Why more than one terminal?

Personally, I understand that each manufacturer prefers to have his own terminal used in a PA application. Having designed and tested the system themselves, the company can be 99,9% sure the system works out of the box and if problems occur, the support department can easily provide support.

You can often save money by simply investigating which functionality already is built into your tractors, machines and the terminals you already own before buying yet another terminal

However, this also increases the investment required per PA application, thus stretching the return-on-investment time. ISOBUS was invented just to prevent this, making sure each machine could communicate with each implement, eliminating the need to have 5 terminals in your cab.

Access to more data

If you have a tractor with an integrated ISOBUS-terminal, your autosteer GPS terminal can send the GPS coordinates to the ISOBUS-terminal through a simple cable. After connecting an ISOBUS implement, the system should work without problems. An additional advantage of using an ISOBUS terminal integrated in the tractor is that this terminal often has access to more data and functions of the tractor, improving efficiency.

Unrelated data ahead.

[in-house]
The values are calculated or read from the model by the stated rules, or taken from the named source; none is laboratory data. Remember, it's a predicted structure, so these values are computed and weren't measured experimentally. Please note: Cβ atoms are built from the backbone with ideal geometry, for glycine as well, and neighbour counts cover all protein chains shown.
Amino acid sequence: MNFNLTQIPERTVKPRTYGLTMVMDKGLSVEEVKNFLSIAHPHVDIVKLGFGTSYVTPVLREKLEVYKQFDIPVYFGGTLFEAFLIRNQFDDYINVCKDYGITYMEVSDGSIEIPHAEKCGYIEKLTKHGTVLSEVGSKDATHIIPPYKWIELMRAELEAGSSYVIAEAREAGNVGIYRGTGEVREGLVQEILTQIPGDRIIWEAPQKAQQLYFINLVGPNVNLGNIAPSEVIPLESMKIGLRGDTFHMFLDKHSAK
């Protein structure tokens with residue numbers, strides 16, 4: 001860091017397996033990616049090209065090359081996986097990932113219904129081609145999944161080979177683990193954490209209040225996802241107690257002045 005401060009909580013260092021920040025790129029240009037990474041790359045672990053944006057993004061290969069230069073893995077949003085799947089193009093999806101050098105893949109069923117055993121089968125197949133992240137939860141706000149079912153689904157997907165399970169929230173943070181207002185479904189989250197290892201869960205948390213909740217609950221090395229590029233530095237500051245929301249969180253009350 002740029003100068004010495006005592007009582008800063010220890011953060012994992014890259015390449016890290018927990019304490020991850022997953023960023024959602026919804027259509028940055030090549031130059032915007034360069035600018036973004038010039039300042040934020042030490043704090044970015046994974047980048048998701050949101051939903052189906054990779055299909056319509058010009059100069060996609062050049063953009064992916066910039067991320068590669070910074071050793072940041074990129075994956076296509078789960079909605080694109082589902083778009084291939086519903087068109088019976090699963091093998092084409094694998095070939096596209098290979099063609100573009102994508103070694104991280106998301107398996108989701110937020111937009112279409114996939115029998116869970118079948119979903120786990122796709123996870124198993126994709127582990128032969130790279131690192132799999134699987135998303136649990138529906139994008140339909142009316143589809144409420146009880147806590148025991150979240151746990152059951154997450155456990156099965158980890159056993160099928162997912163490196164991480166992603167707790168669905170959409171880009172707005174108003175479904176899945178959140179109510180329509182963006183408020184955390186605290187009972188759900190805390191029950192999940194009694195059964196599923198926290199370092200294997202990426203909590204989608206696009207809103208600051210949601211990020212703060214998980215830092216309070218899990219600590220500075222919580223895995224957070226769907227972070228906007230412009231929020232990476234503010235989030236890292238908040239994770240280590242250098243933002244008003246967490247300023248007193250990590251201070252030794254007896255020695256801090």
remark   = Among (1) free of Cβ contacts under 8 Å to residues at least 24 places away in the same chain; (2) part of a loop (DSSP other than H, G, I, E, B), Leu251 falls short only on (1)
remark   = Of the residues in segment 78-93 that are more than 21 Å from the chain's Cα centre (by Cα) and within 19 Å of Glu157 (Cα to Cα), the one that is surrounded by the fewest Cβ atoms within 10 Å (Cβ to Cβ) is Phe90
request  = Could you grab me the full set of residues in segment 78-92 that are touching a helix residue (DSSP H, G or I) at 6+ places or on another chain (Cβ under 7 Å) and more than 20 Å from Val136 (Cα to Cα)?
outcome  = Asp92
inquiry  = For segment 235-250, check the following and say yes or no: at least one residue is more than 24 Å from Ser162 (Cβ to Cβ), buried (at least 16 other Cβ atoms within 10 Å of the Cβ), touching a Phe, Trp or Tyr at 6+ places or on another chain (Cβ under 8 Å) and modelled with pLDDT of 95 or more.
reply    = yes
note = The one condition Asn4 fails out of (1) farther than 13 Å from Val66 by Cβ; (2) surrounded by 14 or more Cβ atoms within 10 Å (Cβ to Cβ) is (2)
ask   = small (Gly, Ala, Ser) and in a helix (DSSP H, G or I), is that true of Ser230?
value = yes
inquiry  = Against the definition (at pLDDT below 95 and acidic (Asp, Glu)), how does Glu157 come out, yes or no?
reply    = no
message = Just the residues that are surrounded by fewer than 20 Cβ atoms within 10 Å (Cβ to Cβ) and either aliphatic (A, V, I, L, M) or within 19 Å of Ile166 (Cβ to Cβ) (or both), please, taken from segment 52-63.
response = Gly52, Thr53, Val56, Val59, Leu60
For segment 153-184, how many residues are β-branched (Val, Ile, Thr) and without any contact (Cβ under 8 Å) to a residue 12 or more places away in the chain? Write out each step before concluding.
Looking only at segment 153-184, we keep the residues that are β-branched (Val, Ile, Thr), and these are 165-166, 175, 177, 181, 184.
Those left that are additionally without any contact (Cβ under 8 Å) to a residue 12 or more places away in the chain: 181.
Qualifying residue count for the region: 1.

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Having many terminals in your cab might make you look like a very high-tech farmer, but can you watch all screens at the same time and at the same time check the quality of your work through the rear-window? - Photo: Dennis Beek
Having many terminals in your cab might make you look like a very high-tech farmer, but can you watch all screens at the same time and at the same time check the quality of your work through the rear-window? - Photo: Dennis Beek

Save money

The main message of this story is that you can often save money by simply investigating which functionality already is built into your tractors, machines and the terminals you already own before buying yet another terminal.